After snoring, constantly tossing and turning at night is perhaps the next most irritating sleeping habit your partner can have. Every time you drift off into dreamland, you are awoken by what feels like small earthquakes in the mattress.
One way to reduce the disturbance is to get a mattress with less motion transfer. In today’s blog post, we are going to compare foam mattress vs spring to find out which one will help you sleep better.
Side note: Before you get a new mattress, try to find out why the tossing and turning is happening. It could be related to a sleeping disorder that needs to be addressed or the bed is uncomfortable and you need a new pillow or mattress (or both).
What is Motion Isolation?
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Before we compare foam vs spring mattresses, it’s important to understand exactly what motion isolation is.
When you turn or get out of bed, you create motion on your side of the bed. That motion is transferred by the materials in the mattress to the other side of the bed where your partner is sleeping. If the disturbance is great enough, it might wake them up.
Different materials transfer less motion than others. In other words they isolate motion, or most of it, within the point of origin which in this case is your side of the bed. Very little or no disturbance reaches your sleeping partner.
Spring Mattresses and Motion Transfer
Traditional innerspring mattresses are some of the worst when it comes to motion transfer. The same springs that make the mattress pleasantly bouncy also transfer a lot of motion within the mattress.
Bonnell and continuous coil mattresses are especially the worst. Motion moves rapidly from spring to spring, creating a disturbance with every turn or shift.
Modern pocketed coil (also known as Marshall coils) mattresses are much better at motion isolation. Because each coil is isolated within a casing, very little motion is transferred.
So if you decide to buy an innerspring mattress, make sure it uses pocketed coils. It will be more expensive than other types of coils but it will help you enjoy a more restful night.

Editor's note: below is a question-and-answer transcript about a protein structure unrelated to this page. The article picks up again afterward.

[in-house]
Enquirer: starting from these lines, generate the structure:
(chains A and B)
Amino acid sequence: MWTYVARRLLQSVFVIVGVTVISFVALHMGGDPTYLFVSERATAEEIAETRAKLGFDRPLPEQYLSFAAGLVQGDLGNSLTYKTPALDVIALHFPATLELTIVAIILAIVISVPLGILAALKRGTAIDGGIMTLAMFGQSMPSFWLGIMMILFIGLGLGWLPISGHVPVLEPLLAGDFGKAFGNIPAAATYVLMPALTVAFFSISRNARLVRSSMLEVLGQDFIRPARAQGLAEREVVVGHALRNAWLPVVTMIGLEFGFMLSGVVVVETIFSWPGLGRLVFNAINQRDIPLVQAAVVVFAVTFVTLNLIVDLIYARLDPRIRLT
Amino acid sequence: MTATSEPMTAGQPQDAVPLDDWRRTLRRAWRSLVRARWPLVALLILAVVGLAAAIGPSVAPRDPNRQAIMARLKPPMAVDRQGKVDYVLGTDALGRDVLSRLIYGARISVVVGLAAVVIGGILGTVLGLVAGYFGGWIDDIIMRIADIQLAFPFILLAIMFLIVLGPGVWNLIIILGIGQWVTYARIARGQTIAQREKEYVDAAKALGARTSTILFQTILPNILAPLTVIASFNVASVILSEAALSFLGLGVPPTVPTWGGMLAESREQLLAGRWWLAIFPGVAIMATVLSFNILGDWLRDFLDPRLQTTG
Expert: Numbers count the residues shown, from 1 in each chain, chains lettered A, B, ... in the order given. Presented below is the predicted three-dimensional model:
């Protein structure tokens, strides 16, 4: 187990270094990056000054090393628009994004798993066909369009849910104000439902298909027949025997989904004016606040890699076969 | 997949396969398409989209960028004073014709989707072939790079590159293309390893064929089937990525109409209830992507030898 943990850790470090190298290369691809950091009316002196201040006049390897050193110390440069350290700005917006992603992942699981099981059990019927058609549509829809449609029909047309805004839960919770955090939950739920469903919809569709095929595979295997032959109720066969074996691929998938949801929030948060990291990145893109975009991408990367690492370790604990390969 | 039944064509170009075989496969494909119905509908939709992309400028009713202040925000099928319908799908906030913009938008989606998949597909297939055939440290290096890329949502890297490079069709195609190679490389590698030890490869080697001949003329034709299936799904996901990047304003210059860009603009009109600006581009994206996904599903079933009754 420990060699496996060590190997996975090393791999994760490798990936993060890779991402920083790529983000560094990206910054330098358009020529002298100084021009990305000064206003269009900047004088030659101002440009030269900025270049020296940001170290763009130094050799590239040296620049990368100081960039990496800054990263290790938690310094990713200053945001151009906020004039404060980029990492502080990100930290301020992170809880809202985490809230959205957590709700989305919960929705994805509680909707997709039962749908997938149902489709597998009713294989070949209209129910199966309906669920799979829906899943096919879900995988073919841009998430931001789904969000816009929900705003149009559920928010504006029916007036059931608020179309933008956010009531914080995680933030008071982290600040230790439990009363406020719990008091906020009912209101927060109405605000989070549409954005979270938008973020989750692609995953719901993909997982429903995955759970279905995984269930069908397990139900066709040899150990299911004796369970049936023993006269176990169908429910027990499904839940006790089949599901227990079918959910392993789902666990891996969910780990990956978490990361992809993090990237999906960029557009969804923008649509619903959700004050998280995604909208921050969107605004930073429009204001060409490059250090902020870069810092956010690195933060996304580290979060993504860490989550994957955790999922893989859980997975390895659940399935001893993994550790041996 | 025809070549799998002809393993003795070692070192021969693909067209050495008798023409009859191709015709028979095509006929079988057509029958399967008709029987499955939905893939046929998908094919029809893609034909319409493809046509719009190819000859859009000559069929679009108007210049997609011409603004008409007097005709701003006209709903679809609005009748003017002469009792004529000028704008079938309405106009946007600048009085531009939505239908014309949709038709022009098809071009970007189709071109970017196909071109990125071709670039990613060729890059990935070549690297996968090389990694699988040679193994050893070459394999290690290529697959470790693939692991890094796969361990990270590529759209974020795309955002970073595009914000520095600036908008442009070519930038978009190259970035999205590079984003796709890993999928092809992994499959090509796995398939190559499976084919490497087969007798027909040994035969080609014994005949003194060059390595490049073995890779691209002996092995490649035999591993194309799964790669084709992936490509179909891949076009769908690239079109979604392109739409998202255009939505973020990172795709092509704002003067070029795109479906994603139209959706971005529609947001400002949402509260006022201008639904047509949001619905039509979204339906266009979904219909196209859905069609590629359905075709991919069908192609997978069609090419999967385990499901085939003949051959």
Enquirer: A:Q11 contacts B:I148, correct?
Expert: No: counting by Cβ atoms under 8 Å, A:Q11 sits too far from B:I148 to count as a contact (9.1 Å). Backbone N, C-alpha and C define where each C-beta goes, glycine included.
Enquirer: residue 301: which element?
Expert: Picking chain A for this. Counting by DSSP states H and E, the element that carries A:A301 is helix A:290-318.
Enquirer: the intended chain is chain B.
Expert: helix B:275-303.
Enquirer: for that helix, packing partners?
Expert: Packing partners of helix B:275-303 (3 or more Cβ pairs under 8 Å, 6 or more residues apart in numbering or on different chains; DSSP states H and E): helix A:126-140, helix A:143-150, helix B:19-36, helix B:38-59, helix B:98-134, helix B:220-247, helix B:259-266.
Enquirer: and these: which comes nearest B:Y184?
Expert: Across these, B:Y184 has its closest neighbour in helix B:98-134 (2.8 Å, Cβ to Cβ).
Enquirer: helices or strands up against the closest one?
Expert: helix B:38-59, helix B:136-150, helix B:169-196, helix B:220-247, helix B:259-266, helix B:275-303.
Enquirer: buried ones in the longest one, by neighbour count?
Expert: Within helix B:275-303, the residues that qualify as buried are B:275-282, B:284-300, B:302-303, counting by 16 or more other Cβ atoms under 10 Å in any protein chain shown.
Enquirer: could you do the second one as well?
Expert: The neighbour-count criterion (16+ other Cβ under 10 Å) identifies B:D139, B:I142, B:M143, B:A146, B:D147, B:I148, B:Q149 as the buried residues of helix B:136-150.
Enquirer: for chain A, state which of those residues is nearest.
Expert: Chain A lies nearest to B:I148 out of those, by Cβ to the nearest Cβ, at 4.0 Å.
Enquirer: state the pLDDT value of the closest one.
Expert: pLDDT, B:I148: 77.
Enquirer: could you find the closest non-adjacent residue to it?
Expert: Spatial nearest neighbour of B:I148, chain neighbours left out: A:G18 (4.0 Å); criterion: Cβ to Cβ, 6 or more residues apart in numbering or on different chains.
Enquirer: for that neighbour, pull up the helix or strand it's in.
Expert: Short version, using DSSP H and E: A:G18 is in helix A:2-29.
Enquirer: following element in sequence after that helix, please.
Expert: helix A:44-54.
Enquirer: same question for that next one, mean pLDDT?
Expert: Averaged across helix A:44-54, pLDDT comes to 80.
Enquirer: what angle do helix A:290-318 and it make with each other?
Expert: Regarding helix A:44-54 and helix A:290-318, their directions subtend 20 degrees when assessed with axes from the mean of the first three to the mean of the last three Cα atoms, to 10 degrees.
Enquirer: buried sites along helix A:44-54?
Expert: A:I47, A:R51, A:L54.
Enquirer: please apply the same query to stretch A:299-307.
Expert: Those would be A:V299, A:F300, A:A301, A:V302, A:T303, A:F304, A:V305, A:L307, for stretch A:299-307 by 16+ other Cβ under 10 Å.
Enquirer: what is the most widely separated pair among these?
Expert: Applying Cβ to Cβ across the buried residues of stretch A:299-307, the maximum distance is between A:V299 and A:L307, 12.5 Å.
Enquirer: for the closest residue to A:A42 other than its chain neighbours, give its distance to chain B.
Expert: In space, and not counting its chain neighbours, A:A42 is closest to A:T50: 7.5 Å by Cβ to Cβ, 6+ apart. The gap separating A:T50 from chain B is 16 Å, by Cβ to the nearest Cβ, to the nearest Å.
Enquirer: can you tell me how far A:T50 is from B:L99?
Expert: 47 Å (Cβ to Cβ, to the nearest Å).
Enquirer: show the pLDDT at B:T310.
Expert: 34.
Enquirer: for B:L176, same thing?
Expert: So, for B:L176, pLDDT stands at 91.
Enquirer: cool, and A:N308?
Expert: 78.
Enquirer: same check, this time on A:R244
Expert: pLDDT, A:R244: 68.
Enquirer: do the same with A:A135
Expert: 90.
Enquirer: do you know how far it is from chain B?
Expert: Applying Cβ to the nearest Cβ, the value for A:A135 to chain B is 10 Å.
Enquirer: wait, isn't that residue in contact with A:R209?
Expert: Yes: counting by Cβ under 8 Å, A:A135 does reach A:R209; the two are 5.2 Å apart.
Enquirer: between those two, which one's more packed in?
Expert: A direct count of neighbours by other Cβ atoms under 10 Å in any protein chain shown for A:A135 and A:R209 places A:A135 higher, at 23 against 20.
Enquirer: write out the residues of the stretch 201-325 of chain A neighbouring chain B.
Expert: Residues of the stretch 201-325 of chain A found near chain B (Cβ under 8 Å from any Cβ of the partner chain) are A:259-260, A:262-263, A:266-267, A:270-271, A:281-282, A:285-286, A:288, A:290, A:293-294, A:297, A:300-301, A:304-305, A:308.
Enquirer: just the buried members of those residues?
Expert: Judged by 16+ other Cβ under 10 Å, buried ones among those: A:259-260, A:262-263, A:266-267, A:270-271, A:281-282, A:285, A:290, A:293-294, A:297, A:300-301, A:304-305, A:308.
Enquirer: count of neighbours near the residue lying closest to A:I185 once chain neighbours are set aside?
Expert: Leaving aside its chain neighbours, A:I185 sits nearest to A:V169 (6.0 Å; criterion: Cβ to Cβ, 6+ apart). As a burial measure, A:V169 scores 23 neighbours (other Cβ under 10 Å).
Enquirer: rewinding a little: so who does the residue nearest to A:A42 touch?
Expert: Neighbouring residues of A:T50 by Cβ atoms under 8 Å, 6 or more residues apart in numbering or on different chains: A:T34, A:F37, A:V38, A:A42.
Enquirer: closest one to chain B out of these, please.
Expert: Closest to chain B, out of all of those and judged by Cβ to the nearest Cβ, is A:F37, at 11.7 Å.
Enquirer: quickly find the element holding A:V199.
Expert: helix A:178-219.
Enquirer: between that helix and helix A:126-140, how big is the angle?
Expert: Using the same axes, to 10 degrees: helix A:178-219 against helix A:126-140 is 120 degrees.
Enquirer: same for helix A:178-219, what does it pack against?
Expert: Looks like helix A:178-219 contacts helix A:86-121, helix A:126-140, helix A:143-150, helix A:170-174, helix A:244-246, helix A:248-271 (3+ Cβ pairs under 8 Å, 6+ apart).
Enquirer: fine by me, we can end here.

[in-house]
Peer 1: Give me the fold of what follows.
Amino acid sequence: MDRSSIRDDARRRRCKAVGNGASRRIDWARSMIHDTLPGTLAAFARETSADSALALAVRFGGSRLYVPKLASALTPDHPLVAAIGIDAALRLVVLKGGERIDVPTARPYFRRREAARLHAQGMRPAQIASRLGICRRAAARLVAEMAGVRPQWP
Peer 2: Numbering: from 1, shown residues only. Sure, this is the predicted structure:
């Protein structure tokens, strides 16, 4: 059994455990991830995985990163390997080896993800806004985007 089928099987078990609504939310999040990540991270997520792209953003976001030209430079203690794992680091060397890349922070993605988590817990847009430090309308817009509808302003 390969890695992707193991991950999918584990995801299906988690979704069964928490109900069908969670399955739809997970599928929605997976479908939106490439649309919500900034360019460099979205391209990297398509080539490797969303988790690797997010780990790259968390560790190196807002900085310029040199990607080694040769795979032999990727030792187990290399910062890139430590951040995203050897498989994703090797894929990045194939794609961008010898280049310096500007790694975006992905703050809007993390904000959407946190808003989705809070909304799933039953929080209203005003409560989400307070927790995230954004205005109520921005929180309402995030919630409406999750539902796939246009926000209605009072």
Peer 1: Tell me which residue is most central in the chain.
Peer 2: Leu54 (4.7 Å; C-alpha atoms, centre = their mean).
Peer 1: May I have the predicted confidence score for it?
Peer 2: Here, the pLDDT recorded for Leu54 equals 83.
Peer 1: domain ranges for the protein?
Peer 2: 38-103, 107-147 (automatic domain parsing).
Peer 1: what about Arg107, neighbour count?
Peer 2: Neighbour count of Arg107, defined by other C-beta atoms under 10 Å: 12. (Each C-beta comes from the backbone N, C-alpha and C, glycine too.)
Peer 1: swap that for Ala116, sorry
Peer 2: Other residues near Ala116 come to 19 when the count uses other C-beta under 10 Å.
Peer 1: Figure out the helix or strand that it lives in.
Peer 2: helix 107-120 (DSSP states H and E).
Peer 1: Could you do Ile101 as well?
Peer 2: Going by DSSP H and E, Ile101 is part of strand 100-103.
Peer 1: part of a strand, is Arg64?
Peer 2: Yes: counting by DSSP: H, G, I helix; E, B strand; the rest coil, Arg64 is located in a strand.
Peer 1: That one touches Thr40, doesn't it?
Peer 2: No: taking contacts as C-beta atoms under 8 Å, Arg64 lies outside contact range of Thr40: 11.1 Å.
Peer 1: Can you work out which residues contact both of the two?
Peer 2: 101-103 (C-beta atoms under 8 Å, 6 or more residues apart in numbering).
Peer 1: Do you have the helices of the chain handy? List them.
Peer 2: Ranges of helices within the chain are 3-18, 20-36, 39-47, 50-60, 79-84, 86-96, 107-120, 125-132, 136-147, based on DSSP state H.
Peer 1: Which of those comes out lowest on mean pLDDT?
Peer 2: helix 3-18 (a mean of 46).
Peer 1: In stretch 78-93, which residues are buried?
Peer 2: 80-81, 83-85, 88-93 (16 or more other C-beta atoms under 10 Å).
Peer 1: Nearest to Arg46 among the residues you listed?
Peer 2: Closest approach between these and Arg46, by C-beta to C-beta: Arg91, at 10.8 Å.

Foam Mattresses and Motion Transfer
Foam mattresses are the best in motion isolation.
Unlike springs, foam is not very good at conducting motion. Most of it dies down before it reaches the other side of the mattress.
If you want a mattress with almost zero motion transfer, a foam mattress is your best bet.
Both memory foam and latex foam have excellent motion isolation though memory foam has a slight edge.
Hybrid Mattresses and Motion Transfer
A hybrid mattress is a good compromise if you don’t want an all-foam mattress but want to avoid the motion transfer of innerspring mattresses.
Most innerspring mattresses today are actually hybrid mattresses. They have a layer or two of foam at the top and then a support/contouring layer of pocketed coils in the middle or at the bottom.
These mattresses are almost as good as all-foam ones at limiting motion transfer. The foam layers at the top are enough to isolate disturbance within the point of origin.
The thicker the top foam section the better the mattress will be at motion isolation.
For couples shopping for a new mattress, motion transfer is an often ignored but important factor. If your partner gets fidgety during sleep or keeps waking up in the middle of the night, too much motion transfer will ruin your sleep.
Every time they move you wake up. It’ll then be several minutes before you go back to sleep. In the morning you’ll feel less rested and it will affect your productivity during the day.
You can’t go wrong with a good quality all-foam mattress like Casper, Nectar or Ghostbed. If you want the support and longevity of innersprings, I recommend a good quality hybrid mattress. Some good options include Next Alexander Hybrid, Avocado Green and Helix.
And as I mentioned, also try to find out why you or your partner is tossing a lot during sleep. Is it the mattress, the pillow, the temperature in the room or a sleeping disorder?
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